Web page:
Andreas SEIDL: Yeah, every single member of the team is really looking forward to each year. Going back to Melbourne here. I think the promoter here together with the city is putting up such a great atmosphere for us teams as well. Each year it's great to see how engaged the city is as well. And you just see what's happening already here on a Thursday when we do not even go on track is fantastic. And for us as the McLaren team coming here for the first time with Daniel, as an Aussie driver is very special as well. It's great to see, it's different to Zandvoort in that there's actually a lot of real papaya orange around here, which gives a lot of extra motivation for everyone in the team to do well.
Q: Andreas, let's stay with you. Now, a lot of those Daniel Ricciardo fans will be keen to know can you maintain the performance of yesterday for the rest of the weekend?
Seidl: Obviously we need to see today what we can do in qualifying. But definitely yesterday was another good step forward compared to Jeddah as well for us as a team. I guess we simply manage at the moment after the challenging start in Bahrain for us, being on the backfoot after the challenging test to extract more and more out of the current package in parallel to being flat out back home in order to deliver more performance to the car. But very happy with how it went yesterday. We're very happy with how Lando and Daniel also felt within the car. And hopefully we are back in the top 10 today with both cars.
Q: Is there anything new on the car this weekend or are you just unlocking more potential through setup?
Seidl: I think it's a mix of three things. Yes, we have some small upgrades on the car for here but then I think again, the track layout here with the grip also is suiting our package more than Bahrain, for example, plus, I think we're still learning as well how to extract maximum performance from the current package. And if you put that all together, I think that simply made us do that step again that you saw yesterday.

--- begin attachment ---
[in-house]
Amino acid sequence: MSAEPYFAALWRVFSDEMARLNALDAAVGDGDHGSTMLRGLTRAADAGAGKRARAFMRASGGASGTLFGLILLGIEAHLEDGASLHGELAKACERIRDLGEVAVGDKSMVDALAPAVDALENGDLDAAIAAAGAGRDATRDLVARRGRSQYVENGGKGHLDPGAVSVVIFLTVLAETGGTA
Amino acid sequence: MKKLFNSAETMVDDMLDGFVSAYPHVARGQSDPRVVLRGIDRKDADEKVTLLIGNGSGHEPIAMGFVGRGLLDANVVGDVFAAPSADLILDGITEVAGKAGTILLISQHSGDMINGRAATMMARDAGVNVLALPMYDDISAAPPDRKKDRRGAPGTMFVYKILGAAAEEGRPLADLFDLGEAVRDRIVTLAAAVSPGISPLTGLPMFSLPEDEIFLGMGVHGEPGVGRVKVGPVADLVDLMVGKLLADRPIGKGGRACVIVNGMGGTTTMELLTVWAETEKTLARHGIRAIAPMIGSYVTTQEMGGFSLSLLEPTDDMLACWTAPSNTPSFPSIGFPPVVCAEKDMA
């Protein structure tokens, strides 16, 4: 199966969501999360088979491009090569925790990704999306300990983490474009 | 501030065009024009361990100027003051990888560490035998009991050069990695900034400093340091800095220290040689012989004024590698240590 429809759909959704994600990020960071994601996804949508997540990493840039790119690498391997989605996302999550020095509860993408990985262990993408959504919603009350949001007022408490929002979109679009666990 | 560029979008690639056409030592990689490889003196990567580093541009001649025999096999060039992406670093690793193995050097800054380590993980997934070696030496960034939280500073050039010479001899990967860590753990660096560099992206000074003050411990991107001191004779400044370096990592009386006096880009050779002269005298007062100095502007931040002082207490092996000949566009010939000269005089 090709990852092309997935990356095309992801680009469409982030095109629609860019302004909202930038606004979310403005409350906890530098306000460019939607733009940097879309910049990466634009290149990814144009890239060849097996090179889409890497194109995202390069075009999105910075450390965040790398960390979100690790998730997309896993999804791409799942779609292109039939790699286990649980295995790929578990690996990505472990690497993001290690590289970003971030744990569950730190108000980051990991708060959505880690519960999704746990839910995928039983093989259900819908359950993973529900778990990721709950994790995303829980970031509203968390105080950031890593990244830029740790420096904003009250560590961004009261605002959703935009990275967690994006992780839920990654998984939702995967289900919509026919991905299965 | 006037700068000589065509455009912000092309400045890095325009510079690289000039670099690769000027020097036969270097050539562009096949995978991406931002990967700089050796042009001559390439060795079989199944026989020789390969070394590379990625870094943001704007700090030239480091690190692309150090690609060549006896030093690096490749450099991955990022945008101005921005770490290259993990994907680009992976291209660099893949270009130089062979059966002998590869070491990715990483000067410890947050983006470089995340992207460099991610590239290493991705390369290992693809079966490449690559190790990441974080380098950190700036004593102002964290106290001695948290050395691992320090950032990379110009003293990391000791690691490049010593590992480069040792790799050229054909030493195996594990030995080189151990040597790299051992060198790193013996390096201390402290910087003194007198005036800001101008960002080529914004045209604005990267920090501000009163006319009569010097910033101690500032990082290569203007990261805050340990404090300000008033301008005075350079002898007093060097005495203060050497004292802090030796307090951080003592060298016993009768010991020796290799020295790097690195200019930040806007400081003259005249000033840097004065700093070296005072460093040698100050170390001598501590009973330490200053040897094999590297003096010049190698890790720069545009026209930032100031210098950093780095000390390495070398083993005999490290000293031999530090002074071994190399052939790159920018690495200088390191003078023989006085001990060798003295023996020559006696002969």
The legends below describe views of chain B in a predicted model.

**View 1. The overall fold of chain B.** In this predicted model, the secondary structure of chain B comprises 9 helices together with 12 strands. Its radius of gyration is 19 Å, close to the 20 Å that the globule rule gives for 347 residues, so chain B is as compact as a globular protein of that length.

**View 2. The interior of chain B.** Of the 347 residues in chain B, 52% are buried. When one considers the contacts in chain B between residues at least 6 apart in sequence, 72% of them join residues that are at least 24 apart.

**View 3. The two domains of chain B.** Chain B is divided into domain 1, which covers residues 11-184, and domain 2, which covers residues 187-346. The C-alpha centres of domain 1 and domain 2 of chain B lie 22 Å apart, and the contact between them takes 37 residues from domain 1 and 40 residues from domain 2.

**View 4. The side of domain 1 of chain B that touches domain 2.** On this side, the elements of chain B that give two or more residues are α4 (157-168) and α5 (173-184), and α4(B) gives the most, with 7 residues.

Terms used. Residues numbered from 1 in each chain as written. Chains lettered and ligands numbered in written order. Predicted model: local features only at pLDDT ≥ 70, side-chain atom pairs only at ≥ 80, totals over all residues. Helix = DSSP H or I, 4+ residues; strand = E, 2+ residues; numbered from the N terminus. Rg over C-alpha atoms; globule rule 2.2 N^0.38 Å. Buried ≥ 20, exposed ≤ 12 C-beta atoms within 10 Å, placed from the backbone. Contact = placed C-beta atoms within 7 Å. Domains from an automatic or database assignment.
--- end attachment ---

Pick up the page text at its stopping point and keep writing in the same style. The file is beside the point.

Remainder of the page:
Q: Do you see Daniel Ricciardo making a step himself? I mean, a lot of his fans here will want to believe that he's happier in this car than he was last year.
Seidl: From my point of view, he doesn't need to make a step. He made a big step last year in the second half of the season, after the, let's say, initial challenges simply to adapt our car and to the team. And now it was simply important over the winter to keep building on that foundation and momentum as well. He had a great start straightaway in this new car in Barcelona at the test, then obviously the COVID infection, missing the test didn't help for the Bahrain race weekend. But in Jeddah he was fully back up to pace. Also here so far, so no worries at all. It's important for me to have two strong drivers, which we have, because that's important for the fight you're in the Constructors' Championship.
Q: Christian, coming to you. Very close between yourselves and Ferrari again, it looks this weekend. What's your read of the situation as we head into qualifying?
Horner: I think exactly that. I think it's going to be very close. It's going to be about getting the perfect lap together. Getting the most out of these tyres. Going with the circuit, because as a non-permanent circuit its evolution is significant during the course of the weekend. Hopefully we've managed to improve the car overnight and it'll be fascinating to see, you know, this next practice session. But, you know, hopefully we're close with Ferrari again.